References

Farmer, C. M., Hosek, S. D., & Adamson, D. M. (2016). Balancing Demand and Supply for Veterans’ Vealth care: A Summary of three RAND Assessments Conducted Under the Veterans Choice Act. Rand health quarterly, 6(1). Web.

Hausmann, L. R., Jones, A. L., McInnes, S. E., & Zickmund, S. L. (2020). Identifying Healthcare Experiences Associated with Perceptions of Racial/ethnic Discrimination among Veterans with Pain: A Cross-sectional Mixed-methods Survey. PloS one, 15(9), e0237650. Web.

Korb, L. J. (2019). Caring for US Veterans: A Plan for 2020. Center for American Progress. Web.

Livingston, N. A., Berke, D. S., Ruben, M. A., Matza, A. R., & Shipherd, J. C. (2019). Experiences of Trauma, Discrimination, Microaggressions, and Minority Stress among Trauma-exposed LGBT Veterans: Unexpected Findings and Unresolved Service Gaps. Psychological Trauma: Theory, Research, Practice, and Policy, 11(7), 695. Web.

Mays, V. M., Jones, A. L., Delany-Brumsey, A., Coles, C., & Cochran, S. D. (2017). Perceived Discrimination in Health Care and Mental Health/Substance Abuse Treatment Among Blacks, Latinos, and Whites. Medical care, 55(2), 173–181. Web.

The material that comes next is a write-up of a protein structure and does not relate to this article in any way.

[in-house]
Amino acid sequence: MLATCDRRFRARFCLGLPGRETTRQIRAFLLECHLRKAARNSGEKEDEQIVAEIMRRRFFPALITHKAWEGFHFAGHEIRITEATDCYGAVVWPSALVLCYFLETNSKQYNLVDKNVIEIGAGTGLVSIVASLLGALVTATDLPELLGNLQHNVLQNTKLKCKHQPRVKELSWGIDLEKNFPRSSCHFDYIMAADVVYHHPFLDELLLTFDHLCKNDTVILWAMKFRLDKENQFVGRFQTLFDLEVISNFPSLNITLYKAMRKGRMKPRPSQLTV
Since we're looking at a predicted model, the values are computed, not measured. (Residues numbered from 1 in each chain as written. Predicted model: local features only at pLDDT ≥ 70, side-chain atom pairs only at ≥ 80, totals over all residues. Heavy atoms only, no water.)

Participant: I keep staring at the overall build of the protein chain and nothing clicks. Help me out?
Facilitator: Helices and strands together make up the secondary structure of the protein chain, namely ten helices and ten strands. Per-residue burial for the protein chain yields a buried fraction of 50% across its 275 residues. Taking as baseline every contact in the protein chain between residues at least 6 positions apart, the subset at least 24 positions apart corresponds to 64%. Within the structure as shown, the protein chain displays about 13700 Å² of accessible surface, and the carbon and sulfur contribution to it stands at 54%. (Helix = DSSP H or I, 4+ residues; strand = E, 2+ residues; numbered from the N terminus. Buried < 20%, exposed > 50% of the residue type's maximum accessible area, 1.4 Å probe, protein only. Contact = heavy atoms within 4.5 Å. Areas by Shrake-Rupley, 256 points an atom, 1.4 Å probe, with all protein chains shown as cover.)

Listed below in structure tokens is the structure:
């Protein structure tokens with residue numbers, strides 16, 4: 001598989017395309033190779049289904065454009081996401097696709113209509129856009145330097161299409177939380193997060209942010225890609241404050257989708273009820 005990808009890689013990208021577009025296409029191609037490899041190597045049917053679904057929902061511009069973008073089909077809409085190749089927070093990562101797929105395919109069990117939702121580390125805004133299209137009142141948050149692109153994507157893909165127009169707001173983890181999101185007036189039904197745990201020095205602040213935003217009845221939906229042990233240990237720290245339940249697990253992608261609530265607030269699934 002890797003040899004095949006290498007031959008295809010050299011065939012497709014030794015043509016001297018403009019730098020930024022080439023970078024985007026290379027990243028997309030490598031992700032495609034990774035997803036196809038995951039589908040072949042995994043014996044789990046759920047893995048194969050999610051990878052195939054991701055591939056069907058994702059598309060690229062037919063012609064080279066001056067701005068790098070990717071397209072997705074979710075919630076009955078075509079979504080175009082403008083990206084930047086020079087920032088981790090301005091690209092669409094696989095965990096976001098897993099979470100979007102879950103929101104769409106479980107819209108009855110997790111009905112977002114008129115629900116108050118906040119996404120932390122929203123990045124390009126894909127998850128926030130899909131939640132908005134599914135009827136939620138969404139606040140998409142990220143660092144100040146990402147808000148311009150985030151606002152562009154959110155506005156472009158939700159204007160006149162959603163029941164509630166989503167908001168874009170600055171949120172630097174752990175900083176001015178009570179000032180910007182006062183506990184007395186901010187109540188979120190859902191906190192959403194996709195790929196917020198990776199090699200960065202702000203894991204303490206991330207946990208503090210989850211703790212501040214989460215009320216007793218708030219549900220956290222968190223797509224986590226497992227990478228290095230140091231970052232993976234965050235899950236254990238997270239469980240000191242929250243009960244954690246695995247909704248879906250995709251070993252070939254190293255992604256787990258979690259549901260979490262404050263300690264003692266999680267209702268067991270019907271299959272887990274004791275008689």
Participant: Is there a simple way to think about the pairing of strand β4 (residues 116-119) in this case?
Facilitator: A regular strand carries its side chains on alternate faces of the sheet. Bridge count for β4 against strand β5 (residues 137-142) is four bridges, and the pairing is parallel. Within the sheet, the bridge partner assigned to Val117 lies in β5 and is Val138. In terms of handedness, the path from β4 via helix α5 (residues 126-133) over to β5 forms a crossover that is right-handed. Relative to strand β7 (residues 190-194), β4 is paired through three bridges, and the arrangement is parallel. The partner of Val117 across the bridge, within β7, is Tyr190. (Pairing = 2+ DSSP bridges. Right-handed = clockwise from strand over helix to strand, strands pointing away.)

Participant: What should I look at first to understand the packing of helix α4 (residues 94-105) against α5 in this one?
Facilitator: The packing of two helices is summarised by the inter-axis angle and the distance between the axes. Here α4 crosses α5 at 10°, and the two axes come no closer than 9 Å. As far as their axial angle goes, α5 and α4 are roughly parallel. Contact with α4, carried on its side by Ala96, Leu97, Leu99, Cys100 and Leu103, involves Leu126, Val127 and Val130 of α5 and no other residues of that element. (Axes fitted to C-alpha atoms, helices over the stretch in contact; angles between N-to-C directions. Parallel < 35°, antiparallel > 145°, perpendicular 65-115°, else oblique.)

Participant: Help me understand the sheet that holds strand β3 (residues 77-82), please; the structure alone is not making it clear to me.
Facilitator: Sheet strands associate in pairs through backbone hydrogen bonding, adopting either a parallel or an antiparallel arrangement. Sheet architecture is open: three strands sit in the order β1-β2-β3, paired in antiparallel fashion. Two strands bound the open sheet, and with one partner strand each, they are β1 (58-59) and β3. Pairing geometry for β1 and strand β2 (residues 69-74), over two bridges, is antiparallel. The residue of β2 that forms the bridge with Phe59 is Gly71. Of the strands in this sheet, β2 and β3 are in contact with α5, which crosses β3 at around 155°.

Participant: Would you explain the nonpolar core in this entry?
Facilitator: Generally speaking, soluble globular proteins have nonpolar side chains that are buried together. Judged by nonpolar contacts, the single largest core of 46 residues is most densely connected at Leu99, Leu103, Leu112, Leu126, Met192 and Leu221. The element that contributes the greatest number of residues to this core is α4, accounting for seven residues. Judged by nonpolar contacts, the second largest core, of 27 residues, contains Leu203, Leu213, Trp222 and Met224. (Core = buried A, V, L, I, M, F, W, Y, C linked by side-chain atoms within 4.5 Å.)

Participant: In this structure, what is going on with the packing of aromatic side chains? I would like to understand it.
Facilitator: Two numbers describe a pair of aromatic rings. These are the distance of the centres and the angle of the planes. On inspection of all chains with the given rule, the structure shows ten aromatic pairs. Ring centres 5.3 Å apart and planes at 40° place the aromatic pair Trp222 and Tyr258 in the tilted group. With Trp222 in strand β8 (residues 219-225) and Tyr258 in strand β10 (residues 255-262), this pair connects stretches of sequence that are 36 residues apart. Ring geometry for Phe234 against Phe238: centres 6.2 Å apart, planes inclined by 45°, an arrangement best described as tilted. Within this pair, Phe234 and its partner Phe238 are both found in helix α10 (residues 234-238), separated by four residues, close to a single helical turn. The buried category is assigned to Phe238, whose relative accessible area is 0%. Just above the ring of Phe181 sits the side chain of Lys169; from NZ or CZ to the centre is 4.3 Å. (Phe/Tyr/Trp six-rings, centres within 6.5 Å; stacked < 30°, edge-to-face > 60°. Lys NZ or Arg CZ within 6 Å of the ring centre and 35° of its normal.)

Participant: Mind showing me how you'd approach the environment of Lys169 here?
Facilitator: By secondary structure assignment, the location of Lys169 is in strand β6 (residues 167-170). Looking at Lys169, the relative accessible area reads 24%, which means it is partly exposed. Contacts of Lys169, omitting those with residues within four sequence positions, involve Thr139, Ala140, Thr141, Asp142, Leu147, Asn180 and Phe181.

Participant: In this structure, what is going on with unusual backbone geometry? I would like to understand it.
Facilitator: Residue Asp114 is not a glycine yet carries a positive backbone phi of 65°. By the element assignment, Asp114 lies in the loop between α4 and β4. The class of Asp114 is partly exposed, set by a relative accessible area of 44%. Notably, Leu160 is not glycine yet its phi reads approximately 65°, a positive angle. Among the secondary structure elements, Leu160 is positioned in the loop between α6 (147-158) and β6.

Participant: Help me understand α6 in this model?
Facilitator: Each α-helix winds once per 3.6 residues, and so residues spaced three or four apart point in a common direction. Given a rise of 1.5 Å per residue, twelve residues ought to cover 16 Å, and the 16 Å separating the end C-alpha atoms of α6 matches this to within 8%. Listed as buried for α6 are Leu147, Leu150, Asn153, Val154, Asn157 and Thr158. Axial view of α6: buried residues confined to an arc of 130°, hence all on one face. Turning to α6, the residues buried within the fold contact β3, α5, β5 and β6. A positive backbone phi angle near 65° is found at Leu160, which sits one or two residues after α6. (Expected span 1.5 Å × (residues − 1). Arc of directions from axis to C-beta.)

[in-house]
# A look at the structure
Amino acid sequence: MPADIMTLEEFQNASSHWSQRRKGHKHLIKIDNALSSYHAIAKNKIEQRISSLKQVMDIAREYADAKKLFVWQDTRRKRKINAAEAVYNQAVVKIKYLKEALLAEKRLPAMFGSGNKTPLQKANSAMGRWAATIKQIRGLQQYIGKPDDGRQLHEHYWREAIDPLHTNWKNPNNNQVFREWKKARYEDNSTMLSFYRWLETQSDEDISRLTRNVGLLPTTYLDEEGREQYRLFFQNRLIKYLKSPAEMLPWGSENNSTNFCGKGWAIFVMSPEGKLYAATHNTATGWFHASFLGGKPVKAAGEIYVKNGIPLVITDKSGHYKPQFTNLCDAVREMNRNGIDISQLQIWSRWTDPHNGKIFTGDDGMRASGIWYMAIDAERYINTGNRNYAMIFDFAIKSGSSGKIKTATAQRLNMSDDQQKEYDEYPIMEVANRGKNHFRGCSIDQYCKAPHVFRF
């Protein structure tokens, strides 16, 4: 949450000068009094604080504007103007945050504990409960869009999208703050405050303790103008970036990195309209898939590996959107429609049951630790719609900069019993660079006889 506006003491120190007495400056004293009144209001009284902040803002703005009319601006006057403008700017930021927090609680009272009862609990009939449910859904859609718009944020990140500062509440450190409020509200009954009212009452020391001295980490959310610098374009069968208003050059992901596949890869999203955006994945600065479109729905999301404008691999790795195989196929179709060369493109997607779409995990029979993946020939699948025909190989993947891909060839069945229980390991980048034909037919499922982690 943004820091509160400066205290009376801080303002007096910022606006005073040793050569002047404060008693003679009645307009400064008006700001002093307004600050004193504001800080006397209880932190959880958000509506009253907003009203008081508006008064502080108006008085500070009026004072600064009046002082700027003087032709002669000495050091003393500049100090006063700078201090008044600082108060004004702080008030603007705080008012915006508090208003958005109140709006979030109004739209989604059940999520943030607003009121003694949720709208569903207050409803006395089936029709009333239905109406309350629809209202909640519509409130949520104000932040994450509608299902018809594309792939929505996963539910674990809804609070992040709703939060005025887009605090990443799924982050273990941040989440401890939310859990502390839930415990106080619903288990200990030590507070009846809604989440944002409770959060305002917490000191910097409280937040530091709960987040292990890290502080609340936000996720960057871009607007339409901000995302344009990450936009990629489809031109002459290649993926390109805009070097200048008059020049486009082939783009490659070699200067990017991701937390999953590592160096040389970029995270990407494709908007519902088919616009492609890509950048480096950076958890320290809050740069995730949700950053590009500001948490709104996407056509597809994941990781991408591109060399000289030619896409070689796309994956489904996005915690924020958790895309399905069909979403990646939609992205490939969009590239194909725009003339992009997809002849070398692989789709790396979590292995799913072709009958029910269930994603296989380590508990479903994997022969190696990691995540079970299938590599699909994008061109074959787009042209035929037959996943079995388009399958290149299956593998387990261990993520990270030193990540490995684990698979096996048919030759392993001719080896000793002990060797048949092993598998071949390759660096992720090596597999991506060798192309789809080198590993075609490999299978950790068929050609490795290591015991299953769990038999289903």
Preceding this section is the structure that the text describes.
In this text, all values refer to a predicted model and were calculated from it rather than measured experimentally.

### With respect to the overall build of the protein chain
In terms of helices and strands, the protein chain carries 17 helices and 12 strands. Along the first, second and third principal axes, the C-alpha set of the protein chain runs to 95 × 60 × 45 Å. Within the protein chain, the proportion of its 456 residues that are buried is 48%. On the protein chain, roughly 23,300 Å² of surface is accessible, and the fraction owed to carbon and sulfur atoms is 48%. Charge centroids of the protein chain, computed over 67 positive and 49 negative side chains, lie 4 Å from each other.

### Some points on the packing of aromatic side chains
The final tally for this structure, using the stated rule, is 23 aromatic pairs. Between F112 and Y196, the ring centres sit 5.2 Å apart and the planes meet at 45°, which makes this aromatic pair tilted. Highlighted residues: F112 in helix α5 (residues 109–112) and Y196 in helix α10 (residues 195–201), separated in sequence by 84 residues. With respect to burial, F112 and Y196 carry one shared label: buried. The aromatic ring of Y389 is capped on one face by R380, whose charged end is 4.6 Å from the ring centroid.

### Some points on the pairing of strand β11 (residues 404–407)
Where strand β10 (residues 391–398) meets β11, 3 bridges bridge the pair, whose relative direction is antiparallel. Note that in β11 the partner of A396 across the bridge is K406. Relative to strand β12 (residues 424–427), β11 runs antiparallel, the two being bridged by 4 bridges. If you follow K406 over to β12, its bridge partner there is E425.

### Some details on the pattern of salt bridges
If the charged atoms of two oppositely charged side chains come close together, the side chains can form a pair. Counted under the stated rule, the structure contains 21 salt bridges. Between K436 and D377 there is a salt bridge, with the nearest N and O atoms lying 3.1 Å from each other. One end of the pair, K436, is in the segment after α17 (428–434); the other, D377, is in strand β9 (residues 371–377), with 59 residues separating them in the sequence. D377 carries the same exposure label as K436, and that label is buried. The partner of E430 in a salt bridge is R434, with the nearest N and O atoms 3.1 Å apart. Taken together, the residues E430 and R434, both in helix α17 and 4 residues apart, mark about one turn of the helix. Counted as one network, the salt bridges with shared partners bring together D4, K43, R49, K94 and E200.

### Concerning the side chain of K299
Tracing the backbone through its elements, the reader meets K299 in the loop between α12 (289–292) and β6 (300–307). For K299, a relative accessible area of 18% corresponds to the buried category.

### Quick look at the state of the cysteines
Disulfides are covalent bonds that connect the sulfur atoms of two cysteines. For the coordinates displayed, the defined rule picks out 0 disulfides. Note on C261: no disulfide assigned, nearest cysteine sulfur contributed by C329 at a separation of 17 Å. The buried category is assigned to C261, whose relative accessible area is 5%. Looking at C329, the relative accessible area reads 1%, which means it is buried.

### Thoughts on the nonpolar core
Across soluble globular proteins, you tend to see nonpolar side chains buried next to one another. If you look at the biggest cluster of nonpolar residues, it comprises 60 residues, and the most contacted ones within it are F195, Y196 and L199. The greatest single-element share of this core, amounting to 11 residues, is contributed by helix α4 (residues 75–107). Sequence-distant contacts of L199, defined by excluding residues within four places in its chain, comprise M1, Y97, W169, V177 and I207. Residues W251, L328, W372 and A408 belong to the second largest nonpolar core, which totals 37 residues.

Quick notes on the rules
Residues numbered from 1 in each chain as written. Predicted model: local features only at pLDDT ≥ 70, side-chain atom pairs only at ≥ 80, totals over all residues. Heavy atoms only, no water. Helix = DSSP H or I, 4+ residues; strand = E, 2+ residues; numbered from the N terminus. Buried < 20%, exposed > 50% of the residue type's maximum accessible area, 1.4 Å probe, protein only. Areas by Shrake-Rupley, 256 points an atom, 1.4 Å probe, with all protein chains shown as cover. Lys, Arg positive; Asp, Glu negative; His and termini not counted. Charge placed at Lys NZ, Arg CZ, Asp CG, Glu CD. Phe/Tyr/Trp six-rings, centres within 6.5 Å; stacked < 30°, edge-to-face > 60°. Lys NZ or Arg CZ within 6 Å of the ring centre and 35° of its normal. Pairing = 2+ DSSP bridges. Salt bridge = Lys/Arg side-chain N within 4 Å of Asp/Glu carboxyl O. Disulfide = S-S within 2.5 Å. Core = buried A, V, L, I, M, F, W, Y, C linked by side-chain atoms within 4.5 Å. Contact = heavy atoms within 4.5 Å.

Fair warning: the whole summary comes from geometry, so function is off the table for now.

Panangala, S. V. (2016). Health care for veterans: Answers to frequently asked questions. Web.

Peterson, K., Anderson, J., Boundy, E., Ferguson, L., McCleery, E., & Waldrip, K. (2018). Mortality Disparities in Racial/Ethnic Minority Groups in the Veterans Health Administration: An Evidence Review and Map. American journal of public health, 108(3), e1–e11. Web.

Rodriguez, K. L., Appelt, C. J., Young, A. J., & Fox, A. R. (2007). African American Veterans’ Experiences with Mobile Geriatric Care. Journal of health care for the poor and underserved, 18(1), 44-53. Web.

Saha, S., Freeman, M., Toure, J., Tippens, K. M., Weeks, C., & Ibrahim, S. (2008). Racial and Ethnic Disparities in the VA Health Care System: A Systematic Review. Journal of general internal medicine, 23(5), 654-671. Web.

Wong, M. S., Steers, W. N., Hoggatt, K. J., Ziaeian, B., & Washington, D. L. (2020). Relationship of Neighborhood Social Determinants of Health on Racial/ethnic Mortality Disparities in US veterans—Mediation and Moderating Effects. Health services research, 55, 851-862. Web.